- and worst of all its culture of self-pity. Cambodians like to pity their own existence and it is in this self-pity that their suffering is multiplied and their extreme egoism is revealed. This most self-destructive emotion which drowns them in a sea of depression is often used as a weapon to manipulate others, and is sometimes expressed through hysterical lamentations. See here and here for some examples of their miserable cries.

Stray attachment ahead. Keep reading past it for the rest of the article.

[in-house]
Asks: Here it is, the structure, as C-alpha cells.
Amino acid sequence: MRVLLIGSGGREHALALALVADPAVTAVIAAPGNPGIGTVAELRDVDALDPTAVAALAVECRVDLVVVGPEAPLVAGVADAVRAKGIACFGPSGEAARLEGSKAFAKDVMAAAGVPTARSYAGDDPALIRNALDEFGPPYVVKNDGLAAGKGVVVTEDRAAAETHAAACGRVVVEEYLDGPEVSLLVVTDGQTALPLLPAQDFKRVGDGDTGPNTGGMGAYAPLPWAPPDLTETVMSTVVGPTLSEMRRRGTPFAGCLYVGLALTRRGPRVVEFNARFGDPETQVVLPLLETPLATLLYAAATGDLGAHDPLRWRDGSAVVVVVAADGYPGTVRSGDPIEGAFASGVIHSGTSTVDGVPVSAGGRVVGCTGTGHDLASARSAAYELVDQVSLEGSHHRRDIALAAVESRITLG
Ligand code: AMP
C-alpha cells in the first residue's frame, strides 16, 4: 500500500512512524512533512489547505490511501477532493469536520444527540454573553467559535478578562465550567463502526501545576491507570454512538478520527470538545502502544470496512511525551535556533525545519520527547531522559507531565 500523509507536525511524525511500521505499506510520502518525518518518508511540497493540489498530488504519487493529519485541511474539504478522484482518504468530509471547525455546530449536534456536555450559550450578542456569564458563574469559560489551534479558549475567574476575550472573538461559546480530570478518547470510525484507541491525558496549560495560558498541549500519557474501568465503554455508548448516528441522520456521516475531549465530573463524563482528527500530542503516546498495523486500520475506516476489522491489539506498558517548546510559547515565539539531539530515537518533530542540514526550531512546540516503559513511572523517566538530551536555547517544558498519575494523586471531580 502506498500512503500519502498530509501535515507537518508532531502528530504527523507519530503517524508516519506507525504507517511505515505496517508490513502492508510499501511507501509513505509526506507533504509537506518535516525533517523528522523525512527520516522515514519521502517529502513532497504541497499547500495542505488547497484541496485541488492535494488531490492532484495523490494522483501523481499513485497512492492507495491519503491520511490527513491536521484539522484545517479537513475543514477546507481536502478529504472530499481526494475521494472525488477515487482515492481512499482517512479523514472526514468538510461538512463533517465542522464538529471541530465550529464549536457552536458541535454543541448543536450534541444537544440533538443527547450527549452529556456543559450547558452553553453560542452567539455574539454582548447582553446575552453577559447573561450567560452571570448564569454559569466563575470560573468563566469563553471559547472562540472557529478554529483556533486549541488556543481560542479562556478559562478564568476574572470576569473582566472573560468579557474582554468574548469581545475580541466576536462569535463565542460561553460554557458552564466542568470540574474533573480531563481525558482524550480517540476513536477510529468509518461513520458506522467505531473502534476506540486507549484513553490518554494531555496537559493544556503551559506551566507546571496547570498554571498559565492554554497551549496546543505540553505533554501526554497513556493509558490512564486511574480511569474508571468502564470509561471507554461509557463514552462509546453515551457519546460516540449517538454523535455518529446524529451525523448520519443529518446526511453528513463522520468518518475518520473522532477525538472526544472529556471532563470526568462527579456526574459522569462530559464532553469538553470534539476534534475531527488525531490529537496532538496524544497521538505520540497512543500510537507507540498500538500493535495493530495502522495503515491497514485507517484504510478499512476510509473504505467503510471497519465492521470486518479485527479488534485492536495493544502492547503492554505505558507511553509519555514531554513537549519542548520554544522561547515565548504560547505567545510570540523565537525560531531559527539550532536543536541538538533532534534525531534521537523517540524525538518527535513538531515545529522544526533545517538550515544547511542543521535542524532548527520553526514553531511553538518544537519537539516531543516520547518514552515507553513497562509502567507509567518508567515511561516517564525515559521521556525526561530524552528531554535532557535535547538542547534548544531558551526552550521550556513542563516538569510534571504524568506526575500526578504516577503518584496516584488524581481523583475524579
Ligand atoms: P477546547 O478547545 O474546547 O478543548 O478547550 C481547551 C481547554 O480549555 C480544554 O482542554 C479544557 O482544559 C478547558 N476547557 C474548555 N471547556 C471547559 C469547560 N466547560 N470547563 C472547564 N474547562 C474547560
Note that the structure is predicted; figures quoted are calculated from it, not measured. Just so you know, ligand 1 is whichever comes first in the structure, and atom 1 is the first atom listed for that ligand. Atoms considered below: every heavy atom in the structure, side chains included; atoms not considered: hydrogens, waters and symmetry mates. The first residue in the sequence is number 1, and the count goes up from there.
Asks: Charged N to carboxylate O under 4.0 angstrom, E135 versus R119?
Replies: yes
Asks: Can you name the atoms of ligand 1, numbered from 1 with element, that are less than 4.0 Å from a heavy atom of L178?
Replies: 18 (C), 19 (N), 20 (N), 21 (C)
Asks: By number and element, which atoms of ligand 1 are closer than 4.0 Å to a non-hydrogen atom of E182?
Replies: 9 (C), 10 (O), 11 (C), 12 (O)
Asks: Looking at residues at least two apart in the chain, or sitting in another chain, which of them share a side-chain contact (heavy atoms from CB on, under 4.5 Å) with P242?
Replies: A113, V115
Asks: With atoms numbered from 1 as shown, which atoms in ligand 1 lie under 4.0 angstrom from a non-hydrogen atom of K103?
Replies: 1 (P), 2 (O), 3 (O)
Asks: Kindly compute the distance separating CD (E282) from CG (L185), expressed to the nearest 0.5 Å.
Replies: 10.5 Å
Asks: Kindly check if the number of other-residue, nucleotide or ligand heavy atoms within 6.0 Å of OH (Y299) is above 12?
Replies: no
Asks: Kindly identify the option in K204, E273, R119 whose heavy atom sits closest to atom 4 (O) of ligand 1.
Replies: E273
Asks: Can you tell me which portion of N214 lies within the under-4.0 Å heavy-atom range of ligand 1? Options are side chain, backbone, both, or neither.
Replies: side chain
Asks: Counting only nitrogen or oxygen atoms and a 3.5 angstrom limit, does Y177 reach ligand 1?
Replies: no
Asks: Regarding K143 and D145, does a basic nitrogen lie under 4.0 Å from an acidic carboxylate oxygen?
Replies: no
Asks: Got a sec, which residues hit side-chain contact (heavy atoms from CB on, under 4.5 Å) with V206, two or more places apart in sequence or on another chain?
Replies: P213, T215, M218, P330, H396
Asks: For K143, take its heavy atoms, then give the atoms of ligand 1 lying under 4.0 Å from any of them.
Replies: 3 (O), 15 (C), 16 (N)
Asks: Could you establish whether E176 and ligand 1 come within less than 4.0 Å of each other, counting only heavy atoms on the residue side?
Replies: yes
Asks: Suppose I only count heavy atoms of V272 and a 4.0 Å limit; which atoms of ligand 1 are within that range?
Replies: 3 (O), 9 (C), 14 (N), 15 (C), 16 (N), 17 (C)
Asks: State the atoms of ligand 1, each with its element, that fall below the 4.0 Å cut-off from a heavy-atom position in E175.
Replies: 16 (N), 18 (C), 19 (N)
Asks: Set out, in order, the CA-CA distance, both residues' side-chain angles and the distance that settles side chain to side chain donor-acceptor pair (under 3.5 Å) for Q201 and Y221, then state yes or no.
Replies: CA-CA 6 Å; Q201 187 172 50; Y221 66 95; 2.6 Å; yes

Although I know that my harsh critique of Cambodian culture does not please some Cambodians, they should know that in criticism their is often a desire to improve the situation. It requires effort and energy to care enough about something to speak freely about it. I would urge all Cambodians who would like to improve their nation to gather the strength to stand above their culture so that they can look down on it, reflect on it, and critique it – even better, make fun of it.
Hence, Cambodian, go and indulge yourself in some self-mockery!